During the last month, we've occasionally tried to address the question
"Are Extreme Temperature Events Increasing in Oklahoma?". So far, we
haven't seen much increase in extreme daily temps (on the cold side
or the warm side). In fact, we think we found a general decrease in
extreme-hot events in recent decades (2006 notwithstanding). And, we
saw basically no up or down trend in the frequency of extreme-cold-low
So today, we'll examine the last of the daily temperature indicators:
Extreme warm overnight lows. In other words, which years during the
record have the most "warmest low on record for this date" events?
It looks like another no-trend verdict. Honestly, this no-trend
indication was surprising to us, more so than any of the others.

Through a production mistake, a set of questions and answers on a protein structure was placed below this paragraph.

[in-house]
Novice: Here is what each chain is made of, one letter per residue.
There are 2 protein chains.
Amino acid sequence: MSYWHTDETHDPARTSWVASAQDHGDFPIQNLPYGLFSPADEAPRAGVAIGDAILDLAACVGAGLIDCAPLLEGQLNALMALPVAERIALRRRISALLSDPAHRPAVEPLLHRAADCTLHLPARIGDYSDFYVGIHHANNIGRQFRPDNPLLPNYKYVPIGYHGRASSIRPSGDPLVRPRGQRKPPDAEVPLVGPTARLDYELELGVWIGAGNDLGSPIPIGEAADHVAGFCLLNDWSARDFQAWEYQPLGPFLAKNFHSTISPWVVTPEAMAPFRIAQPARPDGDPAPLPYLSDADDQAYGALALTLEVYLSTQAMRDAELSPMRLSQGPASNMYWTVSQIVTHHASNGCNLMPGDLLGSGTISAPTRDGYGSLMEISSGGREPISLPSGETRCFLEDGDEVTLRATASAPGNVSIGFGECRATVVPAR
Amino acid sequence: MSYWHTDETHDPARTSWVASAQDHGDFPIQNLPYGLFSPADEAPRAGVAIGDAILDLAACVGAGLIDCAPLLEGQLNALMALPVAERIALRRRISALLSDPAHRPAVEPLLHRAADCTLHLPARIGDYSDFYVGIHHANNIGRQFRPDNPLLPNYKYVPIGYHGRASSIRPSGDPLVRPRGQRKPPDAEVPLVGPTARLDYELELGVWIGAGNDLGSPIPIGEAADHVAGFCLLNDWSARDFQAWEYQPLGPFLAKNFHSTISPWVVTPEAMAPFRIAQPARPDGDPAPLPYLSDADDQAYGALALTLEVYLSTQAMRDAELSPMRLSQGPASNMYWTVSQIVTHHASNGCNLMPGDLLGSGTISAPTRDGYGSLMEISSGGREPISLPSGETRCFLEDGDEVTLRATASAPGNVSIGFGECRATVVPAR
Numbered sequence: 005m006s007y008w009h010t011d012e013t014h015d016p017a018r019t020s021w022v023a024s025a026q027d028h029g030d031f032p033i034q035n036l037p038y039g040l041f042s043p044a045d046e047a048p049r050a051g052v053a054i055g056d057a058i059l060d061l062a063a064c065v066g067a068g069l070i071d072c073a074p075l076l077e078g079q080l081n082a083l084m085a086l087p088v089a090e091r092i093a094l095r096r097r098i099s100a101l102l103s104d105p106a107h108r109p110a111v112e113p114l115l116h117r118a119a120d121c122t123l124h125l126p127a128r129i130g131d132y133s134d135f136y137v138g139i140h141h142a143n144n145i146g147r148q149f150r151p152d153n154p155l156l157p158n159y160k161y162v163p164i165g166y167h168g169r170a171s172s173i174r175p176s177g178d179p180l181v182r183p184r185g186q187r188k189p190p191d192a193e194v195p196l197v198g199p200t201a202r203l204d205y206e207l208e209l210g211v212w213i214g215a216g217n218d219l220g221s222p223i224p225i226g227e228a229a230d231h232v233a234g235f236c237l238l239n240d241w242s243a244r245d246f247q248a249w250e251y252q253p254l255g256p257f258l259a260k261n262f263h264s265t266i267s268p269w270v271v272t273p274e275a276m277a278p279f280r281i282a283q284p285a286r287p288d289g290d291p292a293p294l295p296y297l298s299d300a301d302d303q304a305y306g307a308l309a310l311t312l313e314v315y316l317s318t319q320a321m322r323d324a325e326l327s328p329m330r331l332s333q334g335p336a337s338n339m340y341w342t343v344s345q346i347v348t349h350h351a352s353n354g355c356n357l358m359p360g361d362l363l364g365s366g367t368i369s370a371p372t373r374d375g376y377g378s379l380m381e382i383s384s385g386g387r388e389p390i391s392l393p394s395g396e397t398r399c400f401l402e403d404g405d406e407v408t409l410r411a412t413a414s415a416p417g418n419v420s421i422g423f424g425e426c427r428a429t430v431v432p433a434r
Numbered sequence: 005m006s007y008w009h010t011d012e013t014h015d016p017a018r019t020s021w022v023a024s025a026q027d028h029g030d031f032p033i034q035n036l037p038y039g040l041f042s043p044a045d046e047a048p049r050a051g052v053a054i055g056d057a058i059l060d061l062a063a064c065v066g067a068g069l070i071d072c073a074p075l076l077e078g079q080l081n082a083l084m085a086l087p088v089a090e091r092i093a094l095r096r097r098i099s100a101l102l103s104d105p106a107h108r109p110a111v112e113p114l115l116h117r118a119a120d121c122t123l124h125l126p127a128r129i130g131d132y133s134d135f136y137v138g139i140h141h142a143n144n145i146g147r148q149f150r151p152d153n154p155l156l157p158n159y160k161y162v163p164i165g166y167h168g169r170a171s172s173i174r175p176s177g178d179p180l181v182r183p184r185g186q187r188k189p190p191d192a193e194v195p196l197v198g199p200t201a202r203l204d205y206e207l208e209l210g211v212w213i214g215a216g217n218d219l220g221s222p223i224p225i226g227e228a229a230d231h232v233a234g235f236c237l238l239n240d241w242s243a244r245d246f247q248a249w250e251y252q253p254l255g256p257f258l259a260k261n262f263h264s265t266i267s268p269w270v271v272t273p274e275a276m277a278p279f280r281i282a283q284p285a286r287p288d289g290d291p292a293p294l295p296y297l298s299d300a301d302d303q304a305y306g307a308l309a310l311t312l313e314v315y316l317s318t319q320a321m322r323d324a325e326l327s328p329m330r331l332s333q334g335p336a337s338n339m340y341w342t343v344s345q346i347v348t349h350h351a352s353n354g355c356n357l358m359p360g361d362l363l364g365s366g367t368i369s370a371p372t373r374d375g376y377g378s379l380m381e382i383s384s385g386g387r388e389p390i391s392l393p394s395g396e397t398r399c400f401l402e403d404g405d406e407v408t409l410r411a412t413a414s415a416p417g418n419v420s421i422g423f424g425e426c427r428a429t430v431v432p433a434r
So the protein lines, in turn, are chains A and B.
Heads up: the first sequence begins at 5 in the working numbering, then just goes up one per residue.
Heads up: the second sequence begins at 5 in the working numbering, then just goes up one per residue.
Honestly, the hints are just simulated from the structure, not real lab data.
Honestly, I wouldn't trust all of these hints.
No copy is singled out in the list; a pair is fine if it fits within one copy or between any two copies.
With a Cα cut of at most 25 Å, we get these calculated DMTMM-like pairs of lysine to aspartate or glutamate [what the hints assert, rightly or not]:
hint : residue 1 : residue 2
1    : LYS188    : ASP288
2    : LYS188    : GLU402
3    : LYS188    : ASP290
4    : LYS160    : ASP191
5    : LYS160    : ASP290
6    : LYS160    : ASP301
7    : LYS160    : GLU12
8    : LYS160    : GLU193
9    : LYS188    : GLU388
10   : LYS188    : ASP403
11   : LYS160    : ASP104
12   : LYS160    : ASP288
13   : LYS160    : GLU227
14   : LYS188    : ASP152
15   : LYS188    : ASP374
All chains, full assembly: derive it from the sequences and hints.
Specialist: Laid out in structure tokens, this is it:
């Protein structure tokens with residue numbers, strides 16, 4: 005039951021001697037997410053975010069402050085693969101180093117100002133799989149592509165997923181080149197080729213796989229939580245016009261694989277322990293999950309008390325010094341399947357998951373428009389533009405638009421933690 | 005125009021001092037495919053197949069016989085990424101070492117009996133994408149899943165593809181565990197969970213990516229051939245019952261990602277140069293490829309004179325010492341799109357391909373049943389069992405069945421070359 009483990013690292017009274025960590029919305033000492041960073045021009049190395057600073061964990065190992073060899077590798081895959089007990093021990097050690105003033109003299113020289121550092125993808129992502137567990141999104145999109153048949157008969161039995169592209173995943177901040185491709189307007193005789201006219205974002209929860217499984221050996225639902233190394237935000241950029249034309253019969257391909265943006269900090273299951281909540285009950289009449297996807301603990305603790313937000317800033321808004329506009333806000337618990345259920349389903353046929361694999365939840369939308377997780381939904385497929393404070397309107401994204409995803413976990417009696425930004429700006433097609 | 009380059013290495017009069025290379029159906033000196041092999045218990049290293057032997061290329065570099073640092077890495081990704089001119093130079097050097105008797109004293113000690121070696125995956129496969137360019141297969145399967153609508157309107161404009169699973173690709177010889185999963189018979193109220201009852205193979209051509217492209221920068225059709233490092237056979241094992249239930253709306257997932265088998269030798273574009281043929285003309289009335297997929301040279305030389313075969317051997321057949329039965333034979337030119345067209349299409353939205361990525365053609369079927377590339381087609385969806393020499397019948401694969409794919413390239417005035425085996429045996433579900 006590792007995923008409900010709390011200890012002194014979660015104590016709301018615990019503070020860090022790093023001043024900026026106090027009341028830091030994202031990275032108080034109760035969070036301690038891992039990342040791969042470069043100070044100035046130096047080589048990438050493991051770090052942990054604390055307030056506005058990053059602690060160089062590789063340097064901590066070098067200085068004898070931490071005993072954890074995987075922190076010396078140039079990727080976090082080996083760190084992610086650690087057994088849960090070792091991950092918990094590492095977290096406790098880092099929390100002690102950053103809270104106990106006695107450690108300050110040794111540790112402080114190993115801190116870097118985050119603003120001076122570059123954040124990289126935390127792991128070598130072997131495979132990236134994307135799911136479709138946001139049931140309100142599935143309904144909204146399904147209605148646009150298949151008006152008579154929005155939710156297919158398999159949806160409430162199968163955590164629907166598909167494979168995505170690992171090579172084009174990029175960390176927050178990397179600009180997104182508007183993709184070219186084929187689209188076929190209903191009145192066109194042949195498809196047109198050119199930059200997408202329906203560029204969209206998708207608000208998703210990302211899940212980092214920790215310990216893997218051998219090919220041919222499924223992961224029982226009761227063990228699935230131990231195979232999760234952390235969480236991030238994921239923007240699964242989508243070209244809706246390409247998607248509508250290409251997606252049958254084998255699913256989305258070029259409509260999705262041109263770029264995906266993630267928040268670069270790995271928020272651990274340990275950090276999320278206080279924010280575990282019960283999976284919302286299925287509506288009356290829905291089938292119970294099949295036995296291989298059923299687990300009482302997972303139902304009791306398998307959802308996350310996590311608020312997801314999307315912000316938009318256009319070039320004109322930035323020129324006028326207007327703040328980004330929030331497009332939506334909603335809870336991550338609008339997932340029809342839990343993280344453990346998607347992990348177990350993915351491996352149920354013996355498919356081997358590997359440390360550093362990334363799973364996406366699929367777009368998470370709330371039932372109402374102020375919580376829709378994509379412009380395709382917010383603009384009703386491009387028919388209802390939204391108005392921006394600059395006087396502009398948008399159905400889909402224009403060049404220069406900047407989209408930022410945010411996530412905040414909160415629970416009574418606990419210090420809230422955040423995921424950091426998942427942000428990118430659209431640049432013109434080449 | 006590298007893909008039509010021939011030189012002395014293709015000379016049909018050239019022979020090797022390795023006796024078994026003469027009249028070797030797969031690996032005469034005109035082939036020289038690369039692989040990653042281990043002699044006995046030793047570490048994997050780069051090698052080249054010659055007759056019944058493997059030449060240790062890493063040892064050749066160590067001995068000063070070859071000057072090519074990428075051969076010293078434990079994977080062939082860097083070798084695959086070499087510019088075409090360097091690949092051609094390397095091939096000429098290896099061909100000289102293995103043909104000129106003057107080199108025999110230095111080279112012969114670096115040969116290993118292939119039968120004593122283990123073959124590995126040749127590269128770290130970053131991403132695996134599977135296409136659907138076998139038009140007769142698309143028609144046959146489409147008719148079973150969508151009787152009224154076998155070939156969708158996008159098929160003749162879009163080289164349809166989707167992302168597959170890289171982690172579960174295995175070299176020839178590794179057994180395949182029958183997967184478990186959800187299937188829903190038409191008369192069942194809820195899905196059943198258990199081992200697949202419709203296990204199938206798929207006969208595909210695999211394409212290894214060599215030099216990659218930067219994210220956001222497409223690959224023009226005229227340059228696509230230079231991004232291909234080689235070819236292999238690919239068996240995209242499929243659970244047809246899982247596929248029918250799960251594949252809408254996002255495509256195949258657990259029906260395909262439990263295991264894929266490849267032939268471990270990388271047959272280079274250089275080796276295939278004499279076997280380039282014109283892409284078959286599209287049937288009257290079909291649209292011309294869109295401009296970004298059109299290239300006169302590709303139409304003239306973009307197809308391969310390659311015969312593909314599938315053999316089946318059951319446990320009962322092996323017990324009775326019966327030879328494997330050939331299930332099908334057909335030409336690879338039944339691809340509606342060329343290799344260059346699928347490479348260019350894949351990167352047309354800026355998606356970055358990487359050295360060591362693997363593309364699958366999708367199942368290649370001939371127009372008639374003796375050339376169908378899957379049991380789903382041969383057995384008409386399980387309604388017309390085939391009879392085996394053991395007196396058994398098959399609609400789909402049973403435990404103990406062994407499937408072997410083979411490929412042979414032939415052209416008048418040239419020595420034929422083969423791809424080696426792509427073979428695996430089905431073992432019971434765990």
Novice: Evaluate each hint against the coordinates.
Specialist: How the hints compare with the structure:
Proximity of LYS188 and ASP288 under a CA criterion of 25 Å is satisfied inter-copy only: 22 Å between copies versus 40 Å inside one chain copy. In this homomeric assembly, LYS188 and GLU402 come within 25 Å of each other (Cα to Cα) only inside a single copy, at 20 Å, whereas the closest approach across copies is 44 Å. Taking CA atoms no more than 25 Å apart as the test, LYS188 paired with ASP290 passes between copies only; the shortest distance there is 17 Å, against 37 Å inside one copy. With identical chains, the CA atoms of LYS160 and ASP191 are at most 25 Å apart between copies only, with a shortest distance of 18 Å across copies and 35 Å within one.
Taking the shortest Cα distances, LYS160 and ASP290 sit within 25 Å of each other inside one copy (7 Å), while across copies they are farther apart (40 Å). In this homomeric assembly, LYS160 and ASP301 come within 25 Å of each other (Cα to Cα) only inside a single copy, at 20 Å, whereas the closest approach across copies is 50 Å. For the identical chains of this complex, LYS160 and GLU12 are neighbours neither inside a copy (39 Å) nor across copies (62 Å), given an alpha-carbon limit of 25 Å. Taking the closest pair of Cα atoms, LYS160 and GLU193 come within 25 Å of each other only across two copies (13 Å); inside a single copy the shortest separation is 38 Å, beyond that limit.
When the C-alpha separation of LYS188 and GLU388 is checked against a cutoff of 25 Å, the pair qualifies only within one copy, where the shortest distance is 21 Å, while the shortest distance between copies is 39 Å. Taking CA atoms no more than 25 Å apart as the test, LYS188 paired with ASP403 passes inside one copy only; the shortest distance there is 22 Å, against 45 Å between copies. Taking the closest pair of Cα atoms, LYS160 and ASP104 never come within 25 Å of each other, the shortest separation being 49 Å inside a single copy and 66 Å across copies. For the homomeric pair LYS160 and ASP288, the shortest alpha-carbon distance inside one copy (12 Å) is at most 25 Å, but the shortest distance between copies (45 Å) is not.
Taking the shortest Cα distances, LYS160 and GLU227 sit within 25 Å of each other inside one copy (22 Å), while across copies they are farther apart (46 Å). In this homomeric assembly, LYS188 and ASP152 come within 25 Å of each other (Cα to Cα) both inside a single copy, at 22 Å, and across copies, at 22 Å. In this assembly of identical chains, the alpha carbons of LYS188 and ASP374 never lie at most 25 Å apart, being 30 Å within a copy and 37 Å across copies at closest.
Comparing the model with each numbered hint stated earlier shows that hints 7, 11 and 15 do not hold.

Welp, there you have it, from four angles (highest highs, lowest highs,
lowest lows, highest lows): Are extreme events getting more common in
Oklahoma? The answer, so far, is no.
Keep in mind this is only one way to slice the temperature pie, and
we haven't even begun to look at precip yet. Honestly, we are sick
of rain, and will probably wait.
Speaking of Rain ...
A few days ago, we mentioned that several Mesonet stations had exceeded
their 2006 (and 2005) rainfall totals. That was shocking, but when you
consider how dry those years were, its understandable.
What's creepy is that central and north-central Oklahoma have now
exceeded their AVERAGE annual rainfall. Yep: Central Oklahoma's 37.75"
is three and one-half inches more than the AVERAGE amount it sees in
twelve months. North-Central Oklahoma's 29.38" is a little more than
half an inch more than their annual average.
In other words, if it didn't rain a drop for the next five-and-a-half
months, 2007 would go down as a "wet year" in these regions.
Source: Oklahoma Mesonet (OCS)